Scarlett Johansson split with Oxfam 'may deter celebrity charity work'

Trevor Neilson, co-founder of Global Philanthropy Group, weighs in on the SodaStream row

Jonathan Owen
Sunday 02 February 2014 01:00 GMT
A-list stars may be less inclined to get involved with charities after Scarlett Johansson's actions
A-list stars may be less inclined to get involved with charities after Scarlett Johansson's actions

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A-list stars and billionaire philanthropists are less likely to get involved with charities because of the row that resulted in Scarlett Johansson cutting her ties with Oxfam last week, according to an expert on celebrity philanthropy.

Trevor Neilson, co-founder of Global Philanthropy Group, has worked with stars including Angelina Jolie, Brad Pitt, Ashton Kutcher, Demi Moore and Madonna. He has also advised Bill Gates, Bono, Bill Clinton and Richard Branson.

Responding to the split between the Hollywood actress and the charity, for which she has worked for almost a decade, Mr Neilson told The Independent on Sunday: "Now, the celebrities, actors, athletes, people who are the focus of our celebrity-obsessed culture, will be less likely to become philanthropic."

He added: "The biggest asset that Scarlett Johansson has is her fame, and if people like her are scared of using their fame to make the world a better place, no one wins."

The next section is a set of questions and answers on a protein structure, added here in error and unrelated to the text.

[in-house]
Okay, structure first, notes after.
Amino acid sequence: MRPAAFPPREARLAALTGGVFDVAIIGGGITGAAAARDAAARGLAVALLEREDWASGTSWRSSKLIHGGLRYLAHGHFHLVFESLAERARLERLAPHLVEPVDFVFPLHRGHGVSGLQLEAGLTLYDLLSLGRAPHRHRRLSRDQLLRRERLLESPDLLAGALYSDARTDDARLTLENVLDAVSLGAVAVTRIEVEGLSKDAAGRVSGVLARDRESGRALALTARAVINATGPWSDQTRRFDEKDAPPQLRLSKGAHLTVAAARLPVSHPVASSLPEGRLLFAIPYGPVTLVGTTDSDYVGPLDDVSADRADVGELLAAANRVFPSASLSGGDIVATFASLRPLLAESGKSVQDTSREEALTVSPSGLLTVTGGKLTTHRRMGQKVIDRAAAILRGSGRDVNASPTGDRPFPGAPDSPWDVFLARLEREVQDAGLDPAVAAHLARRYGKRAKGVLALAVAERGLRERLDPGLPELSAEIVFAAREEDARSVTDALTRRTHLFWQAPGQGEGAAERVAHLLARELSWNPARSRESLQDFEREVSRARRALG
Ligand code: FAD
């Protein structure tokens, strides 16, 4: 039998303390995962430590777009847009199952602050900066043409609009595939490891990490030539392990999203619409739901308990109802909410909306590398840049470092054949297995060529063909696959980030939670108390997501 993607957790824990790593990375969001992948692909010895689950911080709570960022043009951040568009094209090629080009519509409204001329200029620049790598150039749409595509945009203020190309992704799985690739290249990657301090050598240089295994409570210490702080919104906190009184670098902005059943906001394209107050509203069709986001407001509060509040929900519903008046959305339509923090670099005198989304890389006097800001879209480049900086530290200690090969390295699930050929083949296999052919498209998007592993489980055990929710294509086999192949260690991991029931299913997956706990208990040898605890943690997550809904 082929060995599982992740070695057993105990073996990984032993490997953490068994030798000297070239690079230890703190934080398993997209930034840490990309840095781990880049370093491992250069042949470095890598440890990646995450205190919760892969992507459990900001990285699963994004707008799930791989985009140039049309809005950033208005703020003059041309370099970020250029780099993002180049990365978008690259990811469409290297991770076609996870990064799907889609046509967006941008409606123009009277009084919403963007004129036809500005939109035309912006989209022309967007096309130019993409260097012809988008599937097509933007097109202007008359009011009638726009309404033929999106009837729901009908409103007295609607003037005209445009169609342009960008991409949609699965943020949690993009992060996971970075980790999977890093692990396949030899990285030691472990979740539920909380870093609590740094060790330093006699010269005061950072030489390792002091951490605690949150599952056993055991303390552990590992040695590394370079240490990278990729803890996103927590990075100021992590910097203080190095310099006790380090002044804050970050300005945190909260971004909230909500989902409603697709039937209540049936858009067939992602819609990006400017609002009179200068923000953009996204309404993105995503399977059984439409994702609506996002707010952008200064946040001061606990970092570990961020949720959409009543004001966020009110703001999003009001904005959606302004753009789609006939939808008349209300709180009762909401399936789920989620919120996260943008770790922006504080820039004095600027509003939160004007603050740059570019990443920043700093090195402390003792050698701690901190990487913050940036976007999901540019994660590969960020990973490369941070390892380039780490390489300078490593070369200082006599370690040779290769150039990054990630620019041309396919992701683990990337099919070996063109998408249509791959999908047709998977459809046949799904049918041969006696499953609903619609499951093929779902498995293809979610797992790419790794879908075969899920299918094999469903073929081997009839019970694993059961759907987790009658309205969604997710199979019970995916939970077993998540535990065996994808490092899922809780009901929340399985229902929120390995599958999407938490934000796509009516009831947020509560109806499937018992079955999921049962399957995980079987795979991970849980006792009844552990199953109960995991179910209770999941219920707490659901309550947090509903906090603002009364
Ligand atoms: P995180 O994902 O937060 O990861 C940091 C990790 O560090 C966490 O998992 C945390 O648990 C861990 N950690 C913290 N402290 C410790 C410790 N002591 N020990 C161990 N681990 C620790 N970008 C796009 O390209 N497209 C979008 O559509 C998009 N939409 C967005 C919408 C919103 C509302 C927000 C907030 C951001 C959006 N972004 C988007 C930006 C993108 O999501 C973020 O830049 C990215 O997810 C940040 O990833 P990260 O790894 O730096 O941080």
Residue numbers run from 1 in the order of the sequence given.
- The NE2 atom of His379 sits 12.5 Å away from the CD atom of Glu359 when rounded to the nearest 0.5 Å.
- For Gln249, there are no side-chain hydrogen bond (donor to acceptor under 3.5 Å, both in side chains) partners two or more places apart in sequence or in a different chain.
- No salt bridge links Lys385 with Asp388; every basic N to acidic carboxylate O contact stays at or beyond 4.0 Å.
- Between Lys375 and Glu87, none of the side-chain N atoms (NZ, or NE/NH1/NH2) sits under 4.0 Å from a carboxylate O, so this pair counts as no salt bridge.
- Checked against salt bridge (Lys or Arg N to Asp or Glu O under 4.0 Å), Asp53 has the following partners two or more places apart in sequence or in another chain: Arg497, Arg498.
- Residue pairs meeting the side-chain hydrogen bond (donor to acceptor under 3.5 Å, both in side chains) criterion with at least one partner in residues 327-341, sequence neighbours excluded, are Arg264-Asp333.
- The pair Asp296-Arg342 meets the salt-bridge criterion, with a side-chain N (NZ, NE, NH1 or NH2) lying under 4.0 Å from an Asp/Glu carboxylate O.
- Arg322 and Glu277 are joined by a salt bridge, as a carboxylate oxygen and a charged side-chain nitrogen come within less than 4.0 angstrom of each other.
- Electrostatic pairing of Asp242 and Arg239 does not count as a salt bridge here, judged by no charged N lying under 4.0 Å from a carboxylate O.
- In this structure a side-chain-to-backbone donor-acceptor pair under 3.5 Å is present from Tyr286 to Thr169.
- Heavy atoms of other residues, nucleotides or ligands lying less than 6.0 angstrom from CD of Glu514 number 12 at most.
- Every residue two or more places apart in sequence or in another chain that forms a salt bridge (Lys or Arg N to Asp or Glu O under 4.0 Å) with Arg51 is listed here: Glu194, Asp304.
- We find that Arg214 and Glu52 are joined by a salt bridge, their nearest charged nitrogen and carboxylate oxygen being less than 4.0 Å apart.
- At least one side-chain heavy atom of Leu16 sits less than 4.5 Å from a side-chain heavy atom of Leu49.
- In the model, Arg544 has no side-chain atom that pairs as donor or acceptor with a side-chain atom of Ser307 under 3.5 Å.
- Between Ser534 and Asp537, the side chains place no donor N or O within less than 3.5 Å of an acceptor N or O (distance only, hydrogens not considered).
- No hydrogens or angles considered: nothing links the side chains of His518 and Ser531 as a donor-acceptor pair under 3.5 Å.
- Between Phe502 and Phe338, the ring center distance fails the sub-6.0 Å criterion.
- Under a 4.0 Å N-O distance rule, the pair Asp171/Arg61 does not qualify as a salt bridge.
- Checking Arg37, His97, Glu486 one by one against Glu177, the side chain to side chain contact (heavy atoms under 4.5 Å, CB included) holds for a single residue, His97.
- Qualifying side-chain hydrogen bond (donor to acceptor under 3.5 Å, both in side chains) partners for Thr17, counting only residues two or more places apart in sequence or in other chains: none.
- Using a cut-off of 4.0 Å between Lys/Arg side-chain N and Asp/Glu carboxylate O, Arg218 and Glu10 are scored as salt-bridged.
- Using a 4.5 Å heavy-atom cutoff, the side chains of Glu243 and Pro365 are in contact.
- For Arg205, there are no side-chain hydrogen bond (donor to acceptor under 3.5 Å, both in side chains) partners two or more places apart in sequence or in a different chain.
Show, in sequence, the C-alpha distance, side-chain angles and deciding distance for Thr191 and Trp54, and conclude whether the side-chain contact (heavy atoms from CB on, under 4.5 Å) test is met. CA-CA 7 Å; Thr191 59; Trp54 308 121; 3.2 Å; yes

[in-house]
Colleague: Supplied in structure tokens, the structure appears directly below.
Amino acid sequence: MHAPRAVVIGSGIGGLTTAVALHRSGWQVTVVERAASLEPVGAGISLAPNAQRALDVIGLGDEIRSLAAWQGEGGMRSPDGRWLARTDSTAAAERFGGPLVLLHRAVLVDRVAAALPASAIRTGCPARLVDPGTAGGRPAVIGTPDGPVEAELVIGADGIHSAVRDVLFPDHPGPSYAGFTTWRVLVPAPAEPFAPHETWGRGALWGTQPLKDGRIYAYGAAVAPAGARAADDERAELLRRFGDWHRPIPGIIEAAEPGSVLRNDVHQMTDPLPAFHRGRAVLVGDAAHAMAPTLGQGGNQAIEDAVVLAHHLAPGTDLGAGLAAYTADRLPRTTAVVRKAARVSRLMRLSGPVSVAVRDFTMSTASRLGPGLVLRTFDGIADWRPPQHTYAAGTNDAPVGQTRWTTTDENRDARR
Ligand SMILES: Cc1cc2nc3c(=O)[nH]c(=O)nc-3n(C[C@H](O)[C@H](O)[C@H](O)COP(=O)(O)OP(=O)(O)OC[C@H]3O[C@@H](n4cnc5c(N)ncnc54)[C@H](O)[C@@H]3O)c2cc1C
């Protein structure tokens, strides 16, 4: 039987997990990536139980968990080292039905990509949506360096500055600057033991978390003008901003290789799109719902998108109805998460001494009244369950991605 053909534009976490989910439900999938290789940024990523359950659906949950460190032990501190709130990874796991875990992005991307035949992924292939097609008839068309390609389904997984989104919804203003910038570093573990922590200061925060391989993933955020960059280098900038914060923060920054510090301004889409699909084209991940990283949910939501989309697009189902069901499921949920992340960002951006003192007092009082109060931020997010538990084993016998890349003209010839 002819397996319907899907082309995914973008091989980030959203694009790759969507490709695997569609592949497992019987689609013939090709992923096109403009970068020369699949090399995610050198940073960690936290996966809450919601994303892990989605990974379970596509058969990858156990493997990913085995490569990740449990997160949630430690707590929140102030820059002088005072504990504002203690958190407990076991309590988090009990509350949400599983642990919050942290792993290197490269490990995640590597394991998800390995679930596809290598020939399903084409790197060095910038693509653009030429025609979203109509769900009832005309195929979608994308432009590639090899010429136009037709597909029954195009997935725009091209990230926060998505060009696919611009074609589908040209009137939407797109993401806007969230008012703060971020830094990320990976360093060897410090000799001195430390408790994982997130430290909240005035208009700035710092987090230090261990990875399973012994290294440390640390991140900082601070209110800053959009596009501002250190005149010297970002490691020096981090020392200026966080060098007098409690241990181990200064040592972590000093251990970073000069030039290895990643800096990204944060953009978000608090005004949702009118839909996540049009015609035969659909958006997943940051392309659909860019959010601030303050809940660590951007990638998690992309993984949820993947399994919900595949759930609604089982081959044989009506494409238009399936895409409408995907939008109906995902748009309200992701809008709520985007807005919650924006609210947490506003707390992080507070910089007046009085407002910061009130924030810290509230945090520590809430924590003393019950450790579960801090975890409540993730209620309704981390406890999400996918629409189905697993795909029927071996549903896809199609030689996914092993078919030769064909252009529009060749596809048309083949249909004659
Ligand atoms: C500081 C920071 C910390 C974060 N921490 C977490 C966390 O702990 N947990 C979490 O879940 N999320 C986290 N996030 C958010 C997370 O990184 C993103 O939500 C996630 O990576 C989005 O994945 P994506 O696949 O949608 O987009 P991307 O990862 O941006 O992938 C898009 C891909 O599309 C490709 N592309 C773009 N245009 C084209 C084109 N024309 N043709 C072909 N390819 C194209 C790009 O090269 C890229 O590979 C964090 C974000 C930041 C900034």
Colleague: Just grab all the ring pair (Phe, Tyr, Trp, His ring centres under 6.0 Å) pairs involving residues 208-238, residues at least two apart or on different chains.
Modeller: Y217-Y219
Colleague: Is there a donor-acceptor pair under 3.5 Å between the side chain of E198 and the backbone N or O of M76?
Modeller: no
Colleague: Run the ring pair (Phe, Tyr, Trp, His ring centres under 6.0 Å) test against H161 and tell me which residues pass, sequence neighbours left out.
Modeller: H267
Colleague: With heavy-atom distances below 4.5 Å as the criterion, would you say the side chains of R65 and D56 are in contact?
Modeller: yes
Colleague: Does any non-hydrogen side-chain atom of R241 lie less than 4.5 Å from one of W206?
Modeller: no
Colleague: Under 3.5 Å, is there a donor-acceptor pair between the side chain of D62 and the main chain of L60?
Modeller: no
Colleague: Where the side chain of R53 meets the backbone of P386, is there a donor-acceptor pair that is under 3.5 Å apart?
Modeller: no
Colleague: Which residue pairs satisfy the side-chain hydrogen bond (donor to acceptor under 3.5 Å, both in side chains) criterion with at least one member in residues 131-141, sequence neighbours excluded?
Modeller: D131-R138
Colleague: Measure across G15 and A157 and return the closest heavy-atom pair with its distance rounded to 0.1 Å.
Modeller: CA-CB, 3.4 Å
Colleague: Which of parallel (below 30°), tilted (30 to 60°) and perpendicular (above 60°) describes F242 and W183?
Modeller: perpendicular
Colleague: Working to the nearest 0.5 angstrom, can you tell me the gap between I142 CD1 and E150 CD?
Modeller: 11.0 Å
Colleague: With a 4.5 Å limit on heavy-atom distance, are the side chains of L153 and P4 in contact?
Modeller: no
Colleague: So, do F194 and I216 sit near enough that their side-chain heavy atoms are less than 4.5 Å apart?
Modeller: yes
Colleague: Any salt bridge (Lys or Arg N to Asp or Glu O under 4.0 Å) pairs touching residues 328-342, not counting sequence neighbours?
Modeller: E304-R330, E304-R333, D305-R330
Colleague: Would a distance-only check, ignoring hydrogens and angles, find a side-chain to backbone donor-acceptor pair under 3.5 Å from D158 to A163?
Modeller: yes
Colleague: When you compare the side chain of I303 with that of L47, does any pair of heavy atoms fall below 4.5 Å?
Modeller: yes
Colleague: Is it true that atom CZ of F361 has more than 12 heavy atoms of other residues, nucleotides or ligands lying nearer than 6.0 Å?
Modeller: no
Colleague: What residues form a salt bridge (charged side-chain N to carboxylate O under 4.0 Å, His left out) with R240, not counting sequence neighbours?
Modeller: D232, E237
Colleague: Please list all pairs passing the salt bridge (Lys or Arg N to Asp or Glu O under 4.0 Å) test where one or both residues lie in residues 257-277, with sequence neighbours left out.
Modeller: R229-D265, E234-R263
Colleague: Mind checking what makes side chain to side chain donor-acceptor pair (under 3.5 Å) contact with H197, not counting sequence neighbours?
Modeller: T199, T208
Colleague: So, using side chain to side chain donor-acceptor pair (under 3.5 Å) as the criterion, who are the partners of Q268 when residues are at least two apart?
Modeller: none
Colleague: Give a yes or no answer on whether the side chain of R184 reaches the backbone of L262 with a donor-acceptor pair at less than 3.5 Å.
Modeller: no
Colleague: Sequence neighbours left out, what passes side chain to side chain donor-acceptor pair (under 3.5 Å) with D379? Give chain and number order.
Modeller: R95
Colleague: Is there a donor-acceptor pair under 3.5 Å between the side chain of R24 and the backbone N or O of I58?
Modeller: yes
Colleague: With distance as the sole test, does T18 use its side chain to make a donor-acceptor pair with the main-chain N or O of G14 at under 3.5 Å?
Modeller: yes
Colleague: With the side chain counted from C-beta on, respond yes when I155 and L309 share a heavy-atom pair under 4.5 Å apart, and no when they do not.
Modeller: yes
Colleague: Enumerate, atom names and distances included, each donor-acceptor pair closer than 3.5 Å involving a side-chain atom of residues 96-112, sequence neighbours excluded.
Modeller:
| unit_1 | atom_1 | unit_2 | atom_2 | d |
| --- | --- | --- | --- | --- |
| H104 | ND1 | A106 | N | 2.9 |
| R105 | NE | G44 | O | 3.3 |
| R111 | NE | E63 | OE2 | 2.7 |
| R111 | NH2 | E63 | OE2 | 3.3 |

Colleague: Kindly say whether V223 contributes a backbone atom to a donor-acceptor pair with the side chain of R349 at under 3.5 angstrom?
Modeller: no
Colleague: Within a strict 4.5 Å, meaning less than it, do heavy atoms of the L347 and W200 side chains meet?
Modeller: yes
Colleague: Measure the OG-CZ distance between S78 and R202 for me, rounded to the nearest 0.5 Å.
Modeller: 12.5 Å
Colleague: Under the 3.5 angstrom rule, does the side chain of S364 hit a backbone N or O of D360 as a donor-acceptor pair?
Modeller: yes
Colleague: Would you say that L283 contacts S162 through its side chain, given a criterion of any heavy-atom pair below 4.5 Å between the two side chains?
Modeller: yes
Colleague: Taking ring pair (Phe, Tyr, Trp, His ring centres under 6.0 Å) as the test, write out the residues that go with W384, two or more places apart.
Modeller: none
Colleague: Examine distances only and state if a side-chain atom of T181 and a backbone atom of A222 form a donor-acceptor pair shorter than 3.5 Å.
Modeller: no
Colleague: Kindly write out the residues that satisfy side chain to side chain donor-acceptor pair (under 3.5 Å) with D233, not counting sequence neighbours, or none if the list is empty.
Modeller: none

The Hollywood actress will appear in a SodaStream TV advert during the US Super Bowl tonight, marking the start of her role as "global brand ambassador" for the company. One of SodaStream's main factories is in Ma'aleh Adumim, an Israeli settlement in the West Bank which bodies such as the UN and the EU say are illegal under international law. The US government regards such settlements as ‘illegitimate’.

Oxfam said Johansson's promotion of SodaStream was "incompatible" with her being its ambassador.

Mr Nielson thinks the charity could now struggle to recruit celebrities, saying that it is "unrealistic" for any charity to expect celebrity supporters to agree with it on everything. "It's not as if Johansson was working with Oxfam on the West Bank issue; she was working with them on extreme poverty. Do you have to agree with an NGO on all issues in the world in order to work with it on one issue?" he added.

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